James Delingpole in the Sunday Times [£] on why he revealed in Call Me Dave he had smoked dope with David Cameron in their student days: "Was this naive, irresponsible and impulsive of me? Well, of course. That’s why I chose to be a journalist rather than, say, a diplomat or a senior civil servant or a lawyer. The whole point of being a hack is — or should be, I believe — that you never grow up. You spend your whole life in a state of arrested adolescence, forever the cheeky fifth-former at the back of the bus, waving for attention, gurning for easy laughs and flicking two fingers at authority."

David Cameron on Sky News says he won't sue authors of Call Me Dave: "No. I'm too busy running the country, taking decisions, getting on with work. If you do a job like this, you do get people who have agendas and write books and write articles and write all sorts of things. The most important thing is not to let it bother you, get on with the job."

Jeremy Corbyn in his speech to the Labour conference: "Now some media commentators who’ve spent years complaining about how few people have engaged with political parties have sneered at our huge increase in membership. If they were sports reporters writing about a football team they’d be saying:  'They’ve had a terrible summer. They’ve got 160,000 new fans. Season tickets are sold out. The new supporters are young and optimistic. I don’t know how this club can survive a crisis like this'.”

Peter Oborne in the Daily Mail: "No one who is loathed by the bankers, the BBC and Tony Blair all at once can be that bad. Corbyn is the first genuinely original party leader to emerge in Britain since a certain Margaret Hilda Thatcher made her first speech to Conservative conference in 1975. Remember: the establishment hated her, too."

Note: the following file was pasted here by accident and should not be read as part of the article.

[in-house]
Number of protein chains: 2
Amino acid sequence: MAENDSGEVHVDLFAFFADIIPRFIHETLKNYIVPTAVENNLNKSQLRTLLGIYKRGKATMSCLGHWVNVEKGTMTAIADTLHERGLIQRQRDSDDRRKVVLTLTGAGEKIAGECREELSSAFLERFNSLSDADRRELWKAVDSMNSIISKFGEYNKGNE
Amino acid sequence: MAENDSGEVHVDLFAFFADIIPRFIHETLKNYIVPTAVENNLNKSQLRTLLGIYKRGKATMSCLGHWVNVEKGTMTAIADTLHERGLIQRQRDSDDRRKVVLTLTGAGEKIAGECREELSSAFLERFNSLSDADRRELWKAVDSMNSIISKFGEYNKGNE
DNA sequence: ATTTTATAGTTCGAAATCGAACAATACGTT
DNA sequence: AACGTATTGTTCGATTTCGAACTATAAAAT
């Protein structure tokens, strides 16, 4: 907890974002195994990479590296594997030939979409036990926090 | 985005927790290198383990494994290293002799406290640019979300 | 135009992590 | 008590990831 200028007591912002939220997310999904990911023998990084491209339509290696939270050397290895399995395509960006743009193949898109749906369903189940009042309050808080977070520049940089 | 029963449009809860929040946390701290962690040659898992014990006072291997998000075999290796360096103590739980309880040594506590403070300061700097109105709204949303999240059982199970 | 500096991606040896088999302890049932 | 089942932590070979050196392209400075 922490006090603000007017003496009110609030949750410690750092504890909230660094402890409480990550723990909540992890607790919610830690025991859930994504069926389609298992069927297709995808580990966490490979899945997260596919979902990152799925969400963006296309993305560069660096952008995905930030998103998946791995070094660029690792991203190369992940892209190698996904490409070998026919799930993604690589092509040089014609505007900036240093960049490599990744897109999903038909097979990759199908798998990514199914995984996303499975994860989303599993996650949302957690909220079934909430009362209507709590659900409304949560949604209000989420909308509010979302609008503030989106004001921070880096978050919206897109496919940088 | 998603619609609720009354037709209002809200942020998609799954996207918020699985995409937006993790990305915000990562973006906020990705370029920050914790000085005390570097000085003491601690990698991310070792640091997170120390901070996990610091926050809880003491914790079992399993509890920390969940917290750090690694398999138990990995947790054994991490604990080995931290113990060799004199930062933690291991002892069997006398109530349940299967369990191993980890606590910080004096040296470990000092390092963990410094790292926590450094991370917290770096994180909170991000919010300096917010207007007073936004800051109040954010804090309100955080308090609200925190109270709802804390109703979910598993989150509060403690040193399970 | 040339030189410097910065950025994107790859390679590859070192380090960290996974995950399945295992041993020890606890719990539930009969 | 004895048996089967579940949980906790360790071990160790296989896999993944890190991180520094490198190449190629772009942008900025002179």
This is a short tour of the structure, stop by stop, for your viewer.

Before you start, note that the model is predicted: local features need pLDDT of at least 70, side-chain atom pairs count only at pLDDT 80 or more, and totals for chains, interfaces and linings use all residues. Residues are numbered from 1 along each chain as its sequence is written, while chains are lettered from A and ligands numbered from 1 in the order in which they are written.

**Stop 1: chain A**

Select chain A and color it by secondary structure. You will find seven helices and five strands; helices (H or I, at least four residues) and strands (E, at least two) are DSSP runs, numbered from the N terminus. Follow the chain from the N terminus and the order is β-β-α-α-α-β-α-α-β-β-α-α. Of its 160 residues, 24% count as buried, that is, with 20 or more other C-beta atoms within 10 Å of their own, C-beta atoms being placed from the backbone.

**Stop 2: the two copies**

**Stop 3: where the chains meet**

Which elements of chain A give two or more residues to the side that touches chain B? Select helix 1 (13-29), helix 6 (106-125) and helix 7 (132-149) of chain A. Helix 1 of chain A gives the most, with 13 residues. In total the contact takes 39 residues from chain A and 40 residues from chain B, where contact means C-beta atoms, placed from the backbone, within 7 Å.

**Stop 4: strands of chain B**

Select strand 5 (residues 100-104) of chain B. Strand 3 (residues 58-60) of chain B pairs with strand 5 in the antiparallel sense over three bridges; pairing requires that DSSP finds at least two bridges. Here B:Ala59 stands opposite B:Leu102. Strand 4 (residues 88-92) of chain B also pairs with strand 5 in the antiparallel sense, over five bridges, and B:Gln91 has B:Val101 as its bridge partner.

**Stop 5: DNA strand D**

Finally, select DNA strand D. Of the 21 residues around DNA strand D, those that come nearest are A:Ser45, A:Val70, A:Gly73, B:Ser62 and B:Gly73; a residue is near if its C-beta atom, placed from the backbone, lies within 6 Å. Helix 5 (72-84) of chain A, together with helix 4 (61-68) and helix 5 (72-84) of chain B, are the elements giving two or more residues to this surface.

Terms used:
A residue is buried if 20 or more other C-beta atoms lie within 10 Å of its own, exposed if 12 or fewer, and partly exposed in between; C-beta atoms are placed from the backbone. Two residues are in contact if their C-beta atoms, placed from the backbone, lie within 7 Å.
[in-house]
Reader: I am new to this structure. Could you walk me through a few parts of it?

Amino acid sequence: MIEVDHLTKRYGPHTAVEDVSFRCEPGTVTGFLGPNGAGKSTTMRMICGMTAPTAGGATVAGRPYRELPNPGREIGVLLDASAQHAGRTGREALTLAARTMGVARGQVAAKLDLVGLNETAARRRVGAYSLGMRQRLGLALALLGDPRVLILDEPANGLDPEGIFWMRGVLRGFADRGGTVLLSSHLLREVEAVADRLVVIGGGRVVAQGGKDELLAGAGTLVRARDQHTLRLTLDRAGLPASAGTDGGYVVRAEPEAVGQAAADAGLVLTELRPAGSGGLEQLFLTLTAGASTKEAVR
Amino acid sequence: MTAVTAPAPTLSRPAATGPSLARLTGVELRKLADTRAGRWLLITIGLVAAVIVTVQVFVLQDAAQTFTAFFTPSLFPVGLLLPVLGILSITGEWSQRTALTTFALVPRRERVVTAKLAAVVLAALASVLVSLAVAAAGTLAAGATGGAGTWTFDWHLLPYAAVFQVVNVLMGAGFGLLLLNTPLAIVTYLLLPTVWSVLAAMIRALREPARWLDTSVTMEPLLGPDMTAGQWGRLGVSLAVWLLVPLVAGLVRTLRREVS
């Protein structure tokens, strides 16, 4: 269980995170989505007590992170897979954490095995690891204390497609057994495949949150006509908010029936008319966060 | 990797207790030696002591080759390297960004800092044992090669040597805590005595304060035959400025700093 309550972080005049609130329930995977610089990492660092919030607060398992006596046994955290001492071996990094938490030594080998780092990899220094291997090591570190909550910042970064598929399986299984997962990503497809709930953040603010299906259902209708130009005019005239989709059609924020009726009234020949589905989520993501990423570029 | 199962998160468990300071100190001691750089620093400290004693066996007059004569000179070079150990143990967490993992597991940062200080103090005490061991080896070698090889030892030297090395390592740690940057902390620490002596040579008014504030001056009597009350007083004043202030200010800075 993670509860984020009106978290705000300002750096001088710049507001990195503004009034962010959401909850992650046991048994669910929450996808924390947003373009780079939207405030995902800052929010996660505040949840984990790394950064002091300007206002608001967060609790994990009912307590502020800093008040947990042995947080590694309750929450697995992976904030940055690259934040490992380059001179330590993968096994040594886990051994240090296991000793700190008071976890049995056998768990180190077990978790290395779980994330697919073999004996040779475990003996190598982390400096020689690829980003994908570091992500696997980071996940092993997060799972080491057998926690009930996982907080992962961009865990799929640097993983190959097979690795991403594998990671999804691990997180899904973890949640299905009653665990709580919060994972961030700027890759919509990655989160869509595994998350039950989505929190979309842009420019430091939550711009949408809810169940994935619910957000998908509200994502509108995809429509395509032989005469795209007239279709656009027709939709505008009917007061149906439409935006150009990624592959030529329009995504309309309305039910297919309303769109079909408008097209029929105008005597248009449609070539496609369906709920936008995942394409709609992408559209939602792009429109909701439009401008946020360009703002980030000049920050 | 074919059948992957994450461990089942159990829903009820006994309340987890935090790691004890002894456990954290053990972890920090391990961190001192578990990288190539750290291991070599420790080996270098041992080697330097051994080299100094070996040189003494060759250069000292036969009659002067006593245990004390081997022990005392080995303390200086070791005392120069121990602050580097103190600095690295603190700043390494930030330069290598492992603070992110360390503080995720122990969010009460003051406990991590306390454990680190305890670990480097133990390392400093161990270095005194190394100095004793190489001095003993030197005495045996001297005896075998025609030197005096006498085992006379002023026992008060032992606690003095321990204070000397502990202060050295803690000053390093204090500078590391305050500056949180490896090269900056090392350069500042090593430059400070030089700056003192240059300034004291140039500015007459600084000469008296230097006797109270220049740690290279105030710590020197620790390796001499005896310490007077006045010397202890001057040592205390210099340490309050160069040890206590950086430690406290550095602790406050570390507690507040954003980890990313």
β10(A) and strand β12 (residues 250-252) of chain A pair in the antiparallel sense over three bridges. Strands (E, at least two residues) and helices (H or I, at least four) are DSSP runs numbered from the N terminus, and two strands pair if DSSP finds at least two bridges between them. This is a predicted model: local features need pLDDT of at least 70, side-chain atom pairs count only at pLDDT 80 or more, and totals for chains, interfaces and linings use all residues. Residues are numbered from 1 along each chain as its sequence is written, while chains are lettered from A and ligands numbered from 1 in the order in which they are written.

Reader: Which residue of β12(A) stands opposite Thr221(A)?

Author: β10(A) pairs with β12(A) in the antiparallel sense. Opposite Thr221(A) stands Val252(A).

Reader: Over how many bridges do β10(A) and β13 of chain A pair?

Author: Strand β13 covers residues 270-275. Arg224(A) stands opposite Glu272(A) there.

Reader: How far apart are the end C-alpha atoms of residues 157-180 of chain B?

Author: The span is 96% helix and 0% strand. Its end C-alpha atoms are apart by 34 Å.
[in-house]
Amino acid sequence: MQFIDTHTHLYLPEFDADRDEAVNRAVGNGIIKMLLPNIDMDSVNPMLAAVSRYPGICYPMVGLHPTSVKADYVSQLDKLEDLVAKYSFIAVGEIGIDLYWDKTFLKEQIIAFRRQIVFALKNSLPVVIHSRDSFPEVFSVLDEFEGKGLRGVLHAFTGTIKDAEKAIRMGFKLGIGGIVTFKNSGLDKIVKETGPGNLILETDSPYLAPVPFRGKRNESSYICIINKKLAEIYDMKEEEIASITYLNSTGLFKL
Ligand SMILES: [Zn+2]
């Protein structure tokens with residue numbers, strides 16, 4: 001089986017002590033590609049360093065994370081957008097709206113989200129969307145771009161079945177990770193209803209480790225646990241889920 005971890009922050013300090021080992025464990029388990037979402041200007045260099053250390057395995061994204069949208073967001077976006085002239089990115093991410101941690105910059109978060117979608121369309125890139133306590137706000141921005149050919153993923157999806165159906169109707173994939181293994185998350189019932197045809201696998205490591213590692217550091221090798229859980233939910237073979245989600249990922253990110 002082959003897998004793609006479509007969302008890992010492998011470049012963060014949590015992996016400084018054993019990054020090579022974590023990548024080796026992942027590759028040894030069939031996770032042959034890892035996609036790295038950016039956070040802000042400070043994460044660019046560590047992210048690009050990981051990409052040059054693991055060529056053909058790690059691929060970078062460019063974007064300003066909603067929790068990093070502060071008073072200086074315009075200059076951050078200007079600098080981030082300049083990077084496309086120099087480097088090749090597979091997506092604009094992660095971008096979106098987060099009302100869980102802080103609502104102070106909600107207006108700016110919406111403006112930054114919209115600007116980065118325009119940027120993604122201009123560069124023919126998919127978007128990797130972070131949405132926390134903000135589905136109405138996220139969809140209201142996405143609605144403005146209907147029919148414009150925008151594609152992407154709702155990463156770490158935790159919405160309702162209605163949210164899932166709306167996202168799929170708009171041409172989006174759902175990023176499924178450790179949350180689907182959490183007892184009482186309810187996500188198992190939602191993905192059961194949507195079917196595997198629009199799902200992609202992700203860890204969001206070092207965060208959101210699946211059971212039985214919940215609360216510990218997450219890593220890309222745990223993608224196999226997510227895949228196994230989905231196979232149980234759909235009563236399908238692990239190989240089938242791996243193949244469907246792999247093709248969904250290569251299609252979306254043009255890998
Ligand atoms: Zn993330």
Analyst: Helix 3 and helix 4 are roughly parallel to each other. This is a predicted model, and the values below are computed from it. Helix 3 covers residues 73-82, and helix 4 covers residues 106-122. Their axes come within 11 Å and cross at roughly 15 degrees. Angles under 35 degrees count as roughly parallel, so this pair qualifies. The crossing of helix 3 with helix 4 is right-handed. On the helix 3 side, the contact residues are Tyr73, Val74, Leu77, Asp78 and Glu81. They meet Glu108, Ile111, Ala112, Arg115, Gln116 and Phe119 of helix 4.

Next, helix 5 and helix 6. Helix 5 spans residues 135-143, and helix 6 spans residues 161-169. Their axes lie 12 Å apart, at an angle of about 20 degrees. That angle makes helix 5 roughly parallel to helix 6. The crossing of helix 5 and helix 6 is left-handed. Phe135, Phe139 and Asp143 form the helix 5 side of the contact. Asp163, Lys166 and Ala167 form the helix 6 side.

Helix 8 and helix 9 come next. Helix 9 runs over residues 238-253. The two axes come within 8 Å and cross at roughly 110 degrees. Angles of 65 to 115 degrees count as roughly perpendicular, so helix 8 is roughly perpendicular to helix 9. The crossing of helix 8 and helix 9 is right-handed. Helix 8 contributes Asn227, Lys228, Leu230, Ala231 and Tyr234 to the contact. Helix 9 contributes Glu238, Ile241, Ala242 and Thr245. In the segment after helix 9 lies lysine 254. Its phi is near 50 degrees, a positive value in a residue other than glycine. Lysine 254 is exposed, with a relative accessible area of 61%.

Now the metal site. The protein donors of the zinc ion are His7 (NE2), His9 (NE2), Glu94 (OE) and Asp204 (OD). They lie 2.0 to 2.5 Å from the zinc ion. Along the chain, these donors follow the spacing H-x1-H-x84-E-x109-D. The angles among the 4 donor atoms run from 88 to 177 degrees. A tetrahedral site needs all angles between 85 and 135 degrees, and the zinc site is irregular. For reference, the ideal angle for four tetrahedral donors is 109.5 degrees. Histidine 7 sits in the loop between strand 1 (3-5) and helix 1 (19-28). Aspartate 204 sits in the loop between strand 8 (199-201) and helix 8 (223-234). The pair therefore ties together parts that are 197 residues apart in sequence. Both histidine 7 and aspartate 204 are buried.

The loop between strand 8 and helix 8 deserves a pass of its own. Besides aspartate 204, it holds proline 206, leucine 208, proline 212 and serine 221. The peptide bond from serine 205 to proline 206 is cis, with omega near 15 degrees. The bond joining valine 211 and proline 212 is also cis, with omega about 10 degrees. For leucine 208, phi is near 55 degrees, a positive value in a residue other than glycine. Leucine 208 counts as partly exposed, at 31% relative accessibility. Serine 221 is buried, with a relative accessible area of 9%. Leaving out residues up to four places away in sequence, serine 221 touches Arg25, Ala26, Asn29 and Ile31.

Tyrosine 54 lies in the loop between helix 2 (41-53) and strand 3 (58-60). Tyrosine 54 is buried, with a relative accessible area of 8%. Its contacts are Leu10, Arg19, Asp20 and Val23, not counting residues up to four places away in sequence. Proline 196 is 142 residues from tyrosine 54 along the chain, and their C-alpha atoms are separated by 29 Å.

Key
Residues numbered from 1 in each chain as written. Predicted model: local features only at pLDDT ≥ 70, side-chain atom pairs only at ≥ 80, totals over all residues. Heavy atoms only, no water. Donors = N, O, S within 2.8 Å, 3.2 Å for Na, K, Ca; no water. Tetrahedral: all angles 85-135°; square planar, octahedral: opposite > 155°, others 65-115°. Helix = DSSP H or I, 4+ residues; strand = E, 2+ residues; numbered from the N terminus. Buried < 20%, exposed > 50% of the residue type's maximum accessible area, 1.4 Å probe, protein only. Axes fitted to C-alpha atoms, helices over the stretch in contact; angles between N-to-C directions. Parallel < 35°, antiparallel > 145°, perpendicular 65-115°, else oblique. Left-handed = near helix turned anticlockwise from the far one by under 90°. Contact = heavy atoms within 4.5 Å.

Peter Barron, editor of the Northern Echo, on the way the national press covered the closure of Teesside's steelworks with the loss of 1,700 jobs: "At best underwhelming, at worst pretty pathetic, and a failure to understand the consequences of what is happening in part of the United Kingdom. Imagine if a 150-year-old industry in the Home Counties was being consigned to the scrapheap, with 1,700 jobs axed. I respectfully suggest the national press might find it would have different priorities. Thank goodness for local papers."

Peter Preston on Newsquest-owner Gannett in the Observer: "Gannett is not well-loved here, or in the US. Gannett seems to exist to keep shareholders cheerful and pay executives royally. Gannett is a row of figures on the bottom line."

Sean O'Neill in The Times: "He hosts the most salacious show on daytime TV — a raucous parade of abandoned spouses, jilted fiancées and bitter ex-boyfriends. Yet Jeremy Kyle emerged yesterday as Britain’s most unlikely shrinking violet with a plea for privacy over his own private life.  Famous for curating controversy and confrontation on his eponymous ITV show, Kyle, 50, has hired lawyers to request a media blackout over his recent separation from his wife, Carla Germaine, 40. It is understood that the break-up is amicable and the couple are anxious to protect their three children from media intrusion."

Daily Mail in a leader: "In what looks like a stitch-up between the Civil Service and Government, Sir Jeremy [Heywood - Cabinet Secretarytold his audience of fellow mandarins that an ‘independent panel’ had begun work to look at the ‘pros and cons of the current regime’. Its membership? The five person cabal includes the chairman of Ofcom, which is itself subject to FoI, and two ex-Home Secretaries – including Jack Straw, who has repeatedly argued the law allows too great a level of disclosure. Little wonder that 140 freedom of information campaigners wrote to the Prime Minister this week to complain that the commission is prejudiced and appears to have been established to propose savage new curbs on the public’s right to know.David Cameron – who, let’s not forget, was elected on a promise of greater ‘transparency’ – should stand ready to throw this biased panel’s findings in the Downing Street bin."

Daily Star resurrects a famous headline over the story of love rival zookeepers. I blogged about the origins of Llama Drama Ding Dong! here. It first appeared in the Lancashire Evening Post above a story about a llama that escaped and caused havoc in a school playground. It was adapted by the Sun over a story about President Obama meeting the Dalai Lama despite sparking a row with China: Obama Llama Ding Dong; and was the title of a book on headlines.